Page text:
Life isn't all bad. The next time someone asks my philosophy that's what I am going to say. "Life isn't all bad." I worked it out on holiday last week, sitting on a bench in Eastbourne. Downwind from me a brass band was playing make-the-best-of-it industrial music in the bandstand. It was just a brief holiday, barely a holiday at all in fact, more a recuperation from a holiday proper I'd had the week before. That one in southern Italy.
You probably think the comparison favoured Italy but it didn't. Surprising, but it is possible to sit on a bench in Eastbourne, looking out across the Channel, and feel there is nowhere else, the Mediterranean included, you'd rather be. Life isn't all bad, you think. Which is a better thing to think – better in the sense of more intelligent, but also in the sense of more calming to disordered nerves – than life is wonderful, which is the delusion the Mediterranean encourages.
Life isn't wonderful. Pasta is wonderful, tomatoes are wonderful, sunshine and the Italian language are wonderful, but they are not the sum of life. After pasta and tomatoes and sunshine comes the sadness. Whatever is intense must disappoint. This is something the English know better than any other people on earth. So we moderate our pleasures. We build the aftermath of disappointment into the satisfactions of the present. We are not heartbroken after sex, like the French, because we are always a little bit heartbroken while we're having it.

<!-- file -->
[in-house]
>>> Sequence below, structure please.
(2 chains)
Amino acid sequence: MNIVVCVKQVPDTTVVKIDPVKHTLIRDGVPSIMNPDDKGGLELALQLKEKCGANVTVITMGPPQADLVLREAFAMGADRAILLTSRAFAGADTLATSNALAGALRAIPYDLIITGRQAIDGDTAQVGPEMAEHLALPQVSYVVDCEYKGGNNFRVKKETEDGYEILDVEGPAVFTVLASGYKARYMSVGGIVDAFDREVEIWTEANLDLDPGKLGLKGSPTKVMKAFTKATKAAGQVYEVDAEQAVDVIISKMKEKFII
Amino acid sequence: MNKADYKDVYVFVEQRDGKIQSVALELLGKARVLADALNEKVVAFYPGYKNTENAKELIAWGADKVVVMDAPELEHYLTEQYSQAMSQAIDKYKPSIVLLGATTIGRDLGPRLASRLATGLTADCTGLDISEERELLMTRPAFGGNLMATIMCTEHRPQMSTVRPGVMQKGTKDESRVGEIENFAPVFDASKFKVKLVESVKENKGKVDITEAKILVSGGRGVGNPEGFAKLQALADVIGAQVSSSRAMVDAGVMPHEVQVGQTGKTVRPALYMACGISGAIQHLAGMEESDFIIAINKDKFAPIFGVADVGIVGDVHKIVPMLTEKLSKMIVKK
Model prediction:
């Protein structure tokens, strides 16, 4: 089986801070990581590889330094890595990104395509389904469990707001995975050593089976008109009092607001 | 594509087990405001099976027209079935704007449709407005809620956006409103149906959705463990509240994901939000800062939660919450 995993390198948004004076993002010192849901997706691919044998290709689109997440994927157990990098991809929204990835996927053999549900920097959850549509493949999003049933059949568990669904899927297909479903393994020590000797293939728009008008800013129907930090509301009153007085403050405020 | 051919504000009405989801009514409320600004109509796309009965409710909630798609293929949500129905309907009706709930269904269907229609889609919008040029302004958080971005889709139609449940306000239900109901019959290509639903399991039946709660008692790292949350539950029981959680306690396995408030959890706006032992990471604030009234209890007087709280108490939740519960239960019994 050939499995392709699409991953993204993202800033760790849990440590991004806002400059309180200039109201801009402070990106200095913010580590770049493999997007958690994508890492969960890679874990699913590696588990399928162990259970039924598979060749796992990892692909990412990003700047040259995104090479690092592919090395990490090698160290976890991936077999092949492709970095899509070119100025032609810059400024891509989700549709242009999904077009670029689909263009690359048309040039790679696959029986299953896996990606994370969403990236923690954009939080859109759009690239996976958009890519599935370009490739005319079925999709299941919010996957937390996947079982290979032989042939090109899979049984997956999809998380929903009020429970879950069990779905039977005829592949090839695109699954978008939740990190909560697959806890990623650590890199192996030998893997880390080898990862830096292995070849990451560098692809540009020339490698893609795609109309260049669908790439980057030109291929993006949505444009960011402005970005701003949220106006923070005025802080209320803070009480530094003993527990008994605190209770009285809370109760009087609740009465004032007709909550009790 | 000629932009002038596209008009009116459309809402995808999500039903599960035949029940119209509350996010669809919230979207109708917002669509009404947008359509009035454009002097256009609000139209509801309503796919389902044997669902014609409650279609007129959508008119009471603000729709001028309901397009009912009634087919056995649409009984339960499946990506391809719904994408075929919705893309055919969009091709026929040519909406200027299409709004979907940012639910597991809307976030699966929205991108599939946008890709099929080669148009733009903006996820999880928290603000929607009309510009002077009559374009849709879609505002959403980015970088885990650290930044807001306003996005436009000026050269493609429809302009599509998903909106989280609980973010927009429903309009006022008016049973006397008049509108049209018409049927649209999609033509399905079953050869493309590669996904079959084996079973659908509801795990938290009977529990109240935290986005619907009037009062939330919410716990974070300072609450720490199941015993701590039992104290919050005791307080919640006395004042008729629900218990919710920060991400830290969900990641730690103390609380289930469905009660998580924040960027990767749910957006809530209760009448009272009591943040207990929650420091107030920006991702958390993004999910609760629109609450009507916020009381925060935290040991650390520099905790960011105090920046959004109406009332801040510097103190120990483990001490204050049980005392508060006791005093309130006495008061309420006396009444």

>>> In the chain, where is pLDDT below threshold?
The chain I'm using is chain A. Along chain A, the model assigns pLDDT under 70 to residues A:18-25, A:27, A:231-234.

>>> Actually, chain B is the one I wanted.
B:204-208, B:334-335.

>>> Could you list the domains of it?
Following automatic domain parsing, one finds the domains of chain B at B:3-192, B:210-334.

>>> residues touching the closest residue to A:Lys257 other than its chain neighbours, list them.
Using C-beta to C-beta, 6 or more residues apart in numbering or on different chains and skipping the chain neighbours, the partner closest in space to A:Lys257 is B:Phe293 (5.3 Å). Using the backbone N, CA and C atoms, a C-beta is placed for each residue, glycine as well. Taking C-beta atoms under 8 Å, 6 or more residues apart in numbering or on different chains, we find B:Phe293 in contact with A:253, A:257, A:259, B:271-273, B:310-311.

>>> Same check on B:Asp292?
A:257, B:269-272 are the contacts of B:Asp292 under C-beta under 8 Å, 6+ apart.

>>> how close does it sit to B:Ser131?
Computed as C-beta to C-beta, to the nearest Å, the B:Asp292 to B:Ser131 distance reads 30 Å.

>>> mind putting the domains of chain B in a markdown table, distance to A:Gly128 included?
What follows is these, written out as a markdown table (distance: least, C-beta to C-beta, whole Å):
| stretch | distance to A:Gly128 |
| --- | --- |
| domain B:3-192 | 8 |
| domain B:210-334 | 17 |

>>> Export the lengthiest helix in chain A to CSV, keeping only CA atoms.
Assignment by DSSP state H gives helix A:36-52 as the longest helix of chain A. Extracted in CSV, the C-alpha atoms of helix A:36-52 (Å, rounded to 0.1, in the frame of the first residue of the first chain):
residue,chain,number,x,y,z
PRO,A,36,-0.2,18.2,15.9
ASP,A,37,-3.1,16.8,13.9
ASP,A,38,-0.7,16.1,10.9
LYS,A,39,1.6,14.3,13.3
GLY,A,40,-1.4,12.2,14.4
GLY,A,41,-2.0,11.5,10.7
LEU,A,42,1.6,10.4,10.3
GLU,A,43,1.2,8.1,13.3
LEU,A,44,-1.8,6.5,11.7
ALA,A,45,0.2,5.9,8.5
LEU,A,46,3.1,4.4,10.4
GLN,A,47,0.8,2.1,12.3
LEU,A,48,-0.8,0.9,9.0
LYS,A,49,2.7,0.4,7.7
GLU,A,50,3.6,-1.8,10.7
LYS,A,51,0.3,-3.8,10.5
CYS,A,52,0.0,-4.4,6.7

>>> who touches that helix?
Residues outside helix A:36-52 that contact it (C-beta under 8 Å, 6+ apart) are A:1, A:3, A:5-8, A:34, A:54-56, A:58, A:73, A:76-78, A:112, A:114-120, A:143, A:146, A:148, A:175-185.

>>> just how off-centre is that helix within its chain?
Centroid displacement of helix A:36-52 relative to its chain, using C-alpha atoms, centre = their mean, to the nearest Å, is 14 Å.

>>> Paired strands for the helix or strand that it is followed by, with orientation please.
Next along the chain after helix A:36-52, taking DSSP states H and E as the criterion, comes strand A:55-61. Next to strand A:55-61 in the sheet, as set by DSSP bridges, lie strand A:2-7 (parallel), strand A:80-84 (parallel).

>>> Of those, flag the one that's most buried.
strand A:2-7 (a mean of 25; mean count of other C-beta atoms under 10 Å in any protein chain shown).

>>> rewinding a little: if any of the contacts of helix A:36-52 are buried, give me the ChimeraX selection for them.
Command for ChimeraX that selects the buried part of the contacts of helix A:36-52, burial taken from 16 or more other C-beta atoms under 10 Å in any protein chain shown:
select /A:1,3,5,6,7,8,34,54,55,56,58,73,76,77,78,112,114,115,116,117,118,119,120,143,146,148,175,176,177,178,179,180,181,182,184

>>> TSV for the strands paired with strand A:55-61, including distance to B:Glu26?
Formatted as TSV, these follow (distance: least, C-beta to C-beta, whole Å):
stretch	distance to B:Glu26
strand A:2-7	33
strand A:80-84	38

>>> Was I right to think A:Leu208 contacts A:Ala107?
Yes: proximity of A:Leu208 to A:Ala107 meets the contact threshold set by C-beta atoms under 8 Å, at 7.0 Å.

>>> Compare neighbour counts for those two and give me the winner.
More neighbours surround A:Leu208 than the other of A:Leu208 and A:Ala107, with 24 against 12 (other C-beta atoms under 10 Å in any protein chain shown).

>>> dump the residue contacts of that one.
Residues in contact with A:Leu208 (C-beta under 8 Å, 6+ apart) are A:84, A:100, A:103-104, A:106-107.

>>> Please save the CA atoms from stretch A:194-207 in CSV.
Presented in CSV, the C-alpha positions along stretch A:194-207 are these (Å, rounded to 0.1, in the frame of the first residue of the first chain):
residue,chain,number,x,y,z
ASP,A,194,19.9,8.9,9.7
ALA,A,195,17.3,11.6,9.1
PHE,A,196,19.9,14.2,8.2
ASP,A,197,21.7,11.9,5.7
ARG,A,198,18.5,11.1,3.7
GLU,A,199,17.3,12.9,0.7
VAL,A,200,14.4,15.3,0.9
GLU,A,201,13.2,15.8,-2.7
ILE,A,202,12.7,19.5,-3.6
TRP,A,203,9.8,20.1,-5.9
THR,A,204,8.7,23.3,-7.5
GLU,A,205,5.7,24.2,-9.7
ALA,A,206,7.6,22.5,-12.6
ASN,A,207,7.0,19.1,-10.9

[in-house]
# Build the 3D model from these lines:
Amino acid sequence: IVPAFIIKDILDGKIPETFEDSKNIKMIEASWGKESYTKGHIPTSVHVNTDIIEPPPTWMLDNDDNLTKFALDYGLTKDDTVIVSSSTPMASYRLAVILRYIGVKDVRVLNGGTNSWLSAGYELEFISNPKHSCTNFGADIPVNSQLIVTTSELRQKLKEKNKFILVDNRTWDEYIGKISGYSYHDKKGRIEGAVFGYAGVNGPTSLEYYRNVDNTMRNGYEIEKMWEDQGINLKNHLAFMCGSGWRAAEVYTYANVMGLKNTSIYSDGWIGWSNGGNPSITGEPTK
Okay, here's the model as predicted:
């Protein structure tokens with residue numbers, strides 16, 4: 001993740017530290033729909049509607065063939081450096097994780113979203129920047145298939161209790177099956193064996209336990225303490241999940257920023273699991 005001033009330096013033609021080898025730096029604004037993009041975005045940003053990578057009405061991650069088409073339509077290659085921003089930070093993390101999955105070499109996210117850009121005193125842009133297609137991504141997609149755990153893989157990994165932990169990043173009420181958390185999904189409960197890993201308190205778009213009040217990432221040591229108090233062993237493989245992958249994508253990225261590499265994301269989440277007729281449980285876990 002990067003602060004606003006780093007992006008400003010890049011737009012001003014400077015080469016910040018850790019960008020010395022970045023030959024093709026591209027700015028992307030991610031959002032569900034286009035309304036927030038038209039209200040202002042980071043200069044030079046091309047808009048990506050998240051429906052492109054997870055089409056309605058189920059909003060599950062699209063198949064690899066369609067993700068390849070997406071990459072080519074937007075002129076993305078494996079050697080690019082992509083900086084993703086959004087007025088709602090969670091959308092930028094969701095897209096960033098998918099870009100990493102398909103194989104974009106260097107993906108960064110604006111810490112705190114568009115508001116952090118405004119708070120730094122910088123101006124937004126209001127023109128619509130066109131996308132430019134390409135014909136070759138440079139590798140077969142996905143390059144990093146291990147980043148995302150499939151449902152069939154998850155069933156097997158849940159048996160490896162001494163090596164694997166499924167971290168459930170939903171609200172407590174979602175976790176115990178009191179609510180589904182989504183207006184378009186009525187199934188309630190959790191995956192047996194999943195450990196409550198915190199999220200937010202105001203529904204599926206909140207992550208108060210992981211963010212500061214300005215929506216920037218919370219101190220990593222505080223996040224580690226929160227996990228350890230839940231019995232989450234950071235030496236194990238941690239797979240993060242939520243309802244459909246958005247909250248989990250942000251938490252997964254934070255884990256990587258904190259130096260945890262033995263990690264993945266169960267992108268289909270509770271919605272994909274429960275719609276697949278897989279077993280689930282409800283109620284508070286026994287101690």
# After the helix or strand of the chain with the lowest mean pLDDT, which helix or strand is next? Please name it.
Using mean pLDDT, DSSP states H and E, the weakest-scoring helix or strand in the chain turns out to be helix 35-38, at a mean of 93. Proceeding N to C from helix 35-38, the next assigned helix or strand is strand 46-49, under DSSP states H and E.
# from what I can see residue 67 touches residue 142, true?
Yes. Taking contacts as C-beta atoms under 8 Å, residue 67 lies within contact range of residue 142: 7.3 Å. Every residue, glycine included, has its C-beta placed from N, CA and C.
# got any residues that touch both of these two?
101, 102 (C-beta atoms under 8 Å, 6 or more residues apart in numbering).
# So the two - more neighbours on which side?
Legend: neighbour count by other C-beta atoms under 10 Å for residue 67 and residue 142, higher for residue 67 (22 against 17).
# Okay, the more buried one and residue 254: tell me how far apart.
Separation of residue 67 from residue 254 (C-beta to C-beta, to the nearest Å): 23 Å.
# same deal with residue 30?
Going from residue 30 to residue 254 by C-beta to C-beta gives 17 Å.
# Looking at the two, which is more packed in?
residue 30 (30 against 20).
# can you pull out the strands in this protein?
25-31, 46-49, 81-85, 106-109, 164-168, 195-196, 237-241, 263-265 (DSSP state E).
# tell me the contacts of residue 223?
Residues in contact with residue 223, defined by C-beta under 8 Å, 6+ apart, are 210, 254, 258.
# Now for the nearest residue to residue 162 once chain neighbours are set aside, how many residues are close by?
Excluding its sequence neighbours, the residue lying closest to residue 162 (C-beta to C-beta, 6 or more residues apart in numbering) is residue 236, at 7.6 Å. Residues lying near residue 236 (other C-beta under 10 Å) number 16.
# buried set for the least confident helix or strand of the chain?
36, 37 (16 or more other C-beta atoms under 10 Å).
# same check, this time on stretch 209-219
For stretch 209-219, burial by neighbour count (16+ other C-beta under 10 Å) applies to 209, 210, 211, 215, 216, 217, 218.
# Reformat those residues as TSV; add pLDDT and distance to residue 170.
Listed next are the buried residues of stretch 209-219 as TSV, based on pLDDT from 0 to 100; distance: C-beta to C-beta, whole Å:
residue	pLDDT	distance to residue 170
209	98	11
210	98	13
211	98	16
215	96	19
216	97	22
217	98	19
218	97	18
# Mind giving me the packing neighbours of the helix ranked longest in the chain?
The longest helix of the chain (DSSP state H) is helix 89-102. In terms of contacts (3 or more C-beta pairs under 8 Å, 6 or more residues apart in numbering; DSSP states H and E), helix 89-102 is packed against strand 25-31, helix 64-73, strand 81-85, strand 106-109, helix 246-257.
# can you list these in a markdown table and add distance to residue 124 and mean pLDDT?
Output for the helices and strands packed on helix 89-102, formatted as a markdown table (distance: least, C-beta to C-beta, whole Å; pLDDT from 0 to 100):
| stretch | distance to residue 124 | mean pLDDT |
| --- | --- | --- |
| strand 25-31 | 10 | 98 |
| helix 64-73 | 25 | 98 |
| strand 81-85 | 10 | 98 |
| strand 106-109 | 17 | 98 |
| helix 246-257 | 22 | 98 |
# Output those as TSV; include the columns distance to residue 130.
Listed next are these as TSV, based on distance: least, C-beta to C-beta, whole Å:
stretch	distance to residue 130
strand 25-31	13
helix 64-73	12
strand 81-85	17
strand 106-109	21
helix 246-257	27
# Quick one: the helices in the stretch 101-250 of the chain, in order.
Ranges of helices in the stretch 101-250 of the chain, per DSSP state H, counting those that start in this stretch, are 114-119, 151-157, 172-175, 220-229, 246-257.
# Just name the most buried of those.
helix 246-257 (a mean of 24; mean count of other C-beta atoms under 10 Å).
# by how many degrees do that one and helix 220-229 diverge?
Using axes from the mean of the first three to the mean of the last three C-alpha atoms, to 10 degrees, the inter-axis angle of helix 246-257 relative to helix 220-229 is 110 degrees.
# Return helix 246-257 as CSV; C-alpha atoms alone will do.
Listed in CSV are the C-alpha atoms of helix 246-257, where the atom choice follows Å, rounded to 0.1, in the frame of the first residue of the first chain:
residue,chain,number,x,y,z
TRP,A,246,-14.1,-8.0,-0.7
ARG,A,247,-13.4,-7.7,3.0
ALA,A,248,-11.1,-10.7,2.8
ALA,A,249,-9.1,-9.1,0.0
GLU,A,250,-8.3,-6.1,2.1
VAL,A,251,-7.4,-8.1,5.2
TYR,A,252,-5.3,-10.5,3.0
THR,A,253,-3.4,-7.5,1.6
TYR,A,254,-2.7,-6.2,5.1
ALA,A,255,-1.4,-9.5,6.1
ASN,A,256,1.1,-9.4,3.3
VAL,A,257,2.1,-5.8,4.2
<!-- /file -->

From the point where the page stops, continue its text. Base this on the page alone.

Similarly with our apprehension of beauty. Nothing is so beautiful here that we must at last turn our eyes from it in sorrow. This is what makes the Channel such an admirable stretch of water in summer. It gives you just enough of a sense of infinity. English country churchyards the same. They reconcile you to death by virtue of loosening your hold on life. Since everything living is so quiet, you might as well be dead.
That has come out a touch more negatively than I intended. There are profound consolations in life perceived as gently transient, mellow, half-lit. And nowhere provides these consolations in such exquisite measure as the English seaside. I don't say this to reconcile readers to necessity in times of hardship. It's true that English holidays will soon be all we can afford. And equally true that they will soon, if they haven't already, become all we can bear to embark on. Air travel is truly horrible now: the strip-searching, the lost baggage, the predation practised by the cheap airlines, loading you on like so many carcasses and charging you extra if you carry a bag bigger than a coin tray or wear anything on your feet heavier than flip-flops. These are serious considerations, but leaving them aside I would still recommend our own coastal resorts because they better suit our natures, better provide for what we want (which is less than we think we want), and so better and more lastingly please us. The Ionian Sea or Eastbourne. I say go to Eastbourne.